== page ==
Hello all.

No, I haven’t forgotten about you, just been roaming the streets of New York City for a little over a week and haven’t had the Internet connection or the time to blog. But rest assured, I’ll be back home Tuesday and will pick up right back where I left off!

Tomorrow, I plan on trying to visit either Aquaduct or Yonkers Raceway, so I look forward to offering a different perspective on what the racinos look like up here and what’s new.

Thanks for following, and I look forward to getting back to blogging shortly!

Cheers from the Big Apple!

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Now this is an article that I found very interesting. Correct me if I’m wrong, but isn’t the idea lately on the Las Vegas Strip, to capture high end business so as to increase profitability? Well, I guess in the opinion of Phil Ruffin of the Treasure Island, it is not. Ruffin purchased the Treasure Island property two years ago. Treasure Island is located across the street from the likes of Wynn Las Vegas and the Venetian (Las Vegas Sands). So, you would think they would be competing for that same business. A relatively easy walk across the street for gamblers who are losing too much or who are looking for something new, but still want to remain in the high end business spectrum.

On the other hand, this might be a genius move by someone who knows when he is beat. It would be very hard to compete with the likes of Bellagio, Wynn and Venetian…three very well established properties in the high end market. Ruffin has identified a possible niche in the market and is going for it full force, win or lose. One of Ruffin’s first moves was to remove the high end Italian restaurant and replace it with a country-western themed bar/restaurant. Then, a jewelry store was replaced by a pizza by the slice shop. In December, a Senor Frog’s will join the ranks at the Treasure Island. I think that about covers the mediocrity part.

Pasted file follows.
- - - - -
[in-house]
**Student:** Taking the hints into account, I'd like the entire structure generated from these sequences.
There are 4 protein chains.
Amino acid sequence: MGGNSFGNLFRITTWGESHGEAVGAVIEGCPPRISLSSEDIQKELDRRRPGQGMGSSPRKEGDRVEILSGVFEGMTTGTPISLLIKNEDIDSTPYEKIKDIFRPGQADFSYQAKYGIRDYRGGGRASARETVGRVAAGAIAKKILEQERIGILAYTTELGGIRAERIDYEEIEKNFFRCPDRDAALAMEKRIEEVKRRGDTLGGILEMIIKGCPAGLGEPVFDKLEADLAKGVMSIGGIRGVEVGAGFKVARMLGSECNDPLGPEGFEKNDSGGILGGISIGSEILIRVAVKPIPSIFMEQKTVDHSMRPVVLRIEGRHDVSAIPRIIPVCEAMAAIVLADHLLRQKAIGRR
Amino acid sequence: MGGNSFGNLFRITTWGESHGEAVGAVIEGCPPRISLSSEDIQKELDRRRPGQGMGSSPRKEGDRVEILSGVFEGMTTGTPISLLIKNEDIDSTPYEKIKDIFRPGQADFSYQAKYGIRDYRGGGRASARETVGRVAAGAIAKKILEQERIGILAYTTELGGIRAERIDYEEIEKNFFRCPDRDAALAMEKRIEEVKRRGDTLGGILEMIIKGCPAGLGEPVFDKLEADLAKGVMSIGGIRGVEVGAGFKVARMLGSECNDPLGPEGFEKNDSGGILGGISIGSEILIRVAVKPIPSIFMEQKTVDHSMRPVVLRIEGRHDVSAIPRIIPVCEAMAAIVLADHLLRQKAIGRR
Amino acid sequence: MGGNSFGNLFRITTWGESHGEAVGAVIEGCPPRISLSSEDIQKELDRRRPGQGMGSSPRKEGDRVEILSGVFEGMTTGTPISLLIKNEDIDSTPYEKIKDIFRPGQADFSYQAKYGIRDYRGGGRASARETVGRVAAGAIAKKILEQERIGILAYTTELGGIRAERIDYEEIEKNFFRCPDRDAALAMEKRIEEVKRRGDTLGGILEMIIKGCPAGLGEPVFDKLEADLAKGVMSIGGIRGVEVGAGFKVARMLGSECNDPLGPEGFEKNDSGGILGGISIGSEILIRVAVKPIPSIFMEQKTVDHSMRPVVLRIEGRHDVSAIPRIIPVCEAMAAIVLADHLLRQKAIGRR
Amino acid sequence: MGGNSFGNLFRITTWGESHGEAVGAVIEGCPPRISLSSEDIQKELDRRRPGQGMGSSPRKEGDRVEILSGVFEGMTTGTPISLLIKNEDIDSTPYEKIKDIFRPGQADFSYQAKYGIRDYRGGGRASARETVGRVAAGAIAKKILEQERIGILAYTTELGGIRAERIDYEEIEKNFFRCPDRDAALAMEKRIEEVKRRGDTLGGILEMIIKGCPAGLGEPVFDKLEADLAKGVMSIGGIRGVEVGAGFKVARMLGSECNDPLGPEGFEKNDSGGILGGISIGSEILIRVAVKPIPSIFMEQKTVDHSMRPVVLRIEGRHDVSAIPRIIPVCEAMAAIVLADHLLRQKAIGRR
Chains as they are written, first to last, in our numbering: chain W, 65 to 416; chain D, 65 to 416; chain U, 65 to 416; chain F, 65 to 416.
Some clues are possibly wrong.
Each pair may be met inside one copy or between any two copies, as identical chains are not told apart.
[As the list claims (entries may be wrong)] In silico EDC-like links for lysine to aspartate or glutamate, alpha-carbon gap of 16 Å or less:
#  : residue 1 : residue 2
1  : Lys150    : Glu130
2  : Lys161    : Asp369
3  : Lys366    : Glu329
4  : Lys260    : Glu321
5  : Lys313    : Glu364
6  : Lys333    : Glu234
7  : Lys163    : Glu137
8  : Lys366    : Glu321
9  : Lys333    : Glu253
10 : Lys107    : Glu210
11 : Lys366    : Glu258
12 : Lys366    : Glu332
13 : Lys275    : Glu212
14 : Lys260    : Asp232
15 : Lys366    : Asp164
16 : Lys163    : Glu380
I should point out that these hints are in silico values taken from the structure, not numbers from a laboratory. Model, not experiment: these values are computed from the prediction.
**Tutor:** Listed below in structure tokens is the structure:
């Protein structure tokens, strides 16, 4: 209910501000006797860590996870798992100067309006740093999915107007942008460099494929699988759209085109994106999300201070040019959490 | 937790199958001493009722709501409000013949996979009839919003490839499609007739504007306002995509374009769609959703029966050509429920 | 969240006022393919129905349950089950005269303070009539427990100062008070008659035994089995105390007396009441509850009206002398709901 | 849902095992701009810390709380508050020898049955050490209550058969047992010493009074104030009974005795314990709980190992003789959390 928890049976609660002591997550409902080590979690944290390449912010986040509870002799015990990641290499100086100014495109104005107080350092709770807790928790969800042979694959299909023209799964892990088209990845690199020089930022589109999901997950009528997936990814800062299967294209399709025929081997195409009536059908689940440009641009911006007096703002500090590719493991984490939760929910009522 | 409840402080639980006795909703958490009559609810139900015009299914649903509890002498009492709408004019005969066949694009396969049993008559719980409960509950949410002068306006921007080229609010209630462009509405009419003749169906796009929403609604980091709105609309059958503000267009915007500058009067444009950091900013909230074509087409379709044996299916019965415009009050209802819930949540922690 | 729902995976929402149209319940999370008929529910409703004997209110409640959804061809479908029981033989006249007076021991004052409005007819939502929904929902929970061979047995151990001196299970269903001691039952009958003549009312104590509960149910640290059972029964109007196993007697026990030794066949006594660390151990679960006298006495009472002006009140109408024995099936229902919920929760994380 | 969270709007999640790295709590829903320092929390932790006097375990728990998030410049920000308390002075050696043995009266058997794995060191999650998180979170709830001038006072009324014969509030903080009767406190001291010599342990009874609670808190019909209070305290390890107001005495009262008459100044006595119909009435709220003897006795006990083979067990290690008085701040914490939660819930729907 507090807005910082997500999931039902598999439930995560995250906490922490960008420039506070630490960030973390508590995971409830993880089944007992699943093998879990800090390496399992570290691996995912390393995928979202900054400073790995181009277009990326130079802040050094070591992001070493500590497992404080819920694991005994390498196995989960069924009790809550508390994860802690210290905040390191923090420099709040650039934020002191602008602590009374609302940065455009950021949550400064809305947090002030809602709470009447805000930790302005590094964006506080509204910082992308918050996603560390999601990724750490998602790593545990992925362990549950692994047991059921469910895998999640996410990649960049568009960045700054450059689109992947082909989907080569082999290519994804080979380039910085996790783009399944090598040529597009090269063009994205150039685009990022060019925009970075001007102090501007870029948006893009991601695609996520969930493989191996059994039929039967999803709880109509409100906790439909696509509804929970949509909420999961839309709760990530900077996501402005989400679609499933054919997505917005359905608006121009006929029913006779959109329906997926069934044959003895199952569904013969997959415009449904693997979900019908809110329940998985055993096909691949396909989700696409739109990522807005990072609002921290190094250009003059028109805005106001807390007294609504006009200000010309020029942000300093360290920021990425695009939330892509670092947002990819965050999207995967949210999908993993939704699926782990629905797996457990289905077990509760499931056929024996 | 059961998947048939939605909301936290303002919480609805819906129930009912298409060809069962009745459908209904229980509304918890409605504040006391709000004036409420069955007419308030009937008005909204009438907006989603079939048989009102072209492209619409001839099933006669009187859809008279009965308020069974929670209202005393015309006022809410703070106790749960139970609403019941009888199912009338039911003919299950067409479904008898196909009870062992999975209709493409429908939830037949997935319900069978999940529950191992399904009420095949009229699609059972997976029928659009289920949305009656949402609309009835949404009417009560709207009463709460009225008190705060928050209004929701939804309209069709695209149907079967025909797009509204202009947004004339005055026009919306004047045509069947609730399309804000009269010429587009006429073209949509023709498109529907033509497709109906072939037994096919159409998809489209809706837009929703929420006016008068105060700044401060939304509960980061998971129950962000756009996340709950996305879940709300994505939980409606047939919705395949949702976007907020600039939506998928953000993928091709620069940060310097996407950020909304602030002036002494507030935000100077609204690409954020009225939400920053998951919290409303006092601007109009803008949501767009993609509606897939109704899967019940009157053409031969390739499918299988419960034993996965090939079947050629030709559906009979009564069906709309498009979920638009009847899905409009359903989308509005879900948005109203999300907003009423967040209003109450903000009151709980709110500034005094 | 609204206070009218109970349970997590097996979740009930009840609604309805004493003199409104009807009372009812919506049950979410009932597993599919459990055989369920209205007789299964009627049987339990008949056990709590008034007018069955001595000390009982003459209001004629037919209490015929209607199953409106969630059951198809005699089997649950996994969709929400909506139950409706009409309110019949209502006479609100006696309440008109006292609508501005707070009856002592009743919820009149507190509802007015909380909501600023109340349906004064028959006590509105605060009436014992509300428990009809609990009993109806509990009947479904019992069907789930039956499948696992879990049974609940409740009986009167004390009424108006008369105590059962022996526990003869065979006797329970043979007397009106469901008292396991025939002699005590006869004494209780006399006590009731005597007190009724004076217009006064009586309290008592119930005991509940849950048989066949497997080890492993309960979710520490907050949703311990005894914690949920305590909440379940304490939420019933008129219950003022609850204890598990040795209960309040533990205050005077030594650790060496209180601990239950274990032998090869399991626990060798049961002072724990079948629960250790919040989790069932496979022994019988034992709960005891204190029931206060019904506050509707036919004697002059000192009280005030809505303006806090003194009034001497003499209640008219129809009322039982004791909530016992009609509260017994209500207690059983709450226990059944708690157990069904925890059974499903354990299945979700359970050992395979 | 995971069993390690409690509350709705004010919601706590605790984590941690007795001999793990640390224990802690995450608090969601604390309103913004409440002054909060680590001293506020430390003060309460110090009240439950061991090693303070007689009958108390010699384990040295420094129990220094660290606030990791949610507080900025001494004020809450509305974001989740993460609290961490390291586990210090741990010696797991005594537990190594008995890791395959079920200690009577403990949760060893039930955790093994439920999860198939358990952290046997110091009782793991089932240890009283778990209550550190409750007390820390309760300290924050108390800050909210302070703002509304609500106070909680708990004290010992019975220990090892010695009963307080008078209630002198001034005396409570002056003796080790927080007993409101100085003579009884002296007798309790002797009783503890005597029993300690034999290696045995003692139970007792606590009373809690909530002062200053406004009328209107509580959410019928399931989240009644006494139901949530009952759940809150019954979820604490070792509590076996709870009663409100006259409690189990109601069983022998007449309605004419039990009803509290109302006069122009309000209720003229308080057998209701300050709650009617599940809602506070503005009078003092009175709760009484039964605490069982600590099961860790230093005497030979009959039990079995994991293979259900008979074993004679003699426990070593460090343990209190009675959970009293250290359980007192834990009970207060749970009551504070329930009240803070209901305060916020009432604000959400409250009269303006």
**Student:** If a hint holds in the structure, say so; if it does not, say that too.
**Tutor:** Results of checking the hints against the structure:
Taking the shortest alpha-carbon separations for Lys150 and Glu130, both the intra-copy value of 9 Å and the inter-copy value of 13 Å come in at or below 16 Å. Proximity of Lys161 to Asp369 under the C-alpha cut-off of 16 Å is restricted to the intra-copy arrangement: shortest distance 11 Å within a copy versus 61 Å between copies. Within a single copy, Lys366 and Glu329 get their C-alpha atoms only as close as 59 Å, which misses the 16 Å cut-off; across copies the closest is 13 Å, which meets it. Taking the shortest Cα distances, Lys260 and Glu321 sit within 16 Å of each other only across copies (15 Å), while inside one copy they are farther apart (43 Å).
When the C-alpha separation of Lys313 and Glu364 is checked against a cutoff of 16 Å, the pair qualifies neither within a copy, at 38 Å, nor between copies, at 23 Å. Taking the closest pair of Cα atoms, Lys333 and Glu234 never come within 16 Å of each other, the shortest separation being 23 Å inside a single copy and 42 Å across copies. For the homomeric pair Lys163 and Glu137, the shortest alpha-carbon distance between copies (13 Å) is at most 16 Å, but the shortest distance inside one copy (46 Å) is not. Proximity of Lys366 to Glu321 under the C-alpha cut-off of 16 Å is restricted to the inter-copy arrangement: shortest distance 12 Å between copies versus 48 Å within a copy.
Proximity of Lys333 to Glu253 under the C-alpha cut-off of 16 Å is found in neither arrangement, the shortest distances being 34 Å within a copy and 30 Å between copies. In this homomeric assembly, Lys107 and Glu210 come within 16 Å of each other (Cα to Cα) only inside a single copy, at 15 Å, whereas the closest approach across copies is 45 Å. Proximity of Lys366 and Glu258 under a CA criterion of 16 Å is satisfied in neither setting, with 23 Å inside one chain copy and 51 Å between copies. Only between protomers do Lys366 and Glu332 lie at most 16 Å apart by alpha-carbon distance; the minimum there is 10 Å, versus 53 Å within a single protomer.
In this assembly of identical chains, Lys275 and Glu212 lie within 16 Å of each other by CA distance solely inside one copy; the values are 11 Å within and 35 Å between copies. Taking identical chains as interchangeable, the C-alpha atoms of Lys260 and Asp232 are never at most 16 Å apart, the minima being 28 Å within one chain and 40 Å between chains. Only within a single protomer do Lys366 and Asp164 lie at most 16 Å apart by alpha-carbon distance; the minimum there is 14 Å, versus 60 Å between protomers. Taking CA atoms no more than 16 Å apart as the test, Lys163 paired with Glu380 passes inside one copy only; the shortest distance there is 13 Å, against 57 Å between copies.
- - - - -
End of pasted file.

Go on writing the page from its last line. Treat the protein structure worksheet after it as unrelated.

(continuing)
So, now I ask, is this a smart move? In this economy, it may very well prove to be an extremely smart move. People are not spending like they used to, and giving them an affordable option on the Strip is not a terrible idea by any stretch of the imagination. The rooms at TI were recently renovated, and Ruffin has no intention on down-playing that aspect of the business. One of the goals is to have a place where they can attract more business from the free pirate show outside, to come inside. They feel that the addition of Senor Frogs will do just that.

Well, I suppose it remains to be seen whether or not this is a smart business move for the Treasure Island, but I think it might just be crazy enough to work. Mix together a poor economy + a propensity to look for a deal + a fun, well known dance club AKA Senor Frogs and you just might have a recipe for success!

About Me

This blog is devoted to the gaming industry news and information - keeping you up to date on the happenings in the gaming world. My personal expertise lies in event planning and entertainment in casinos.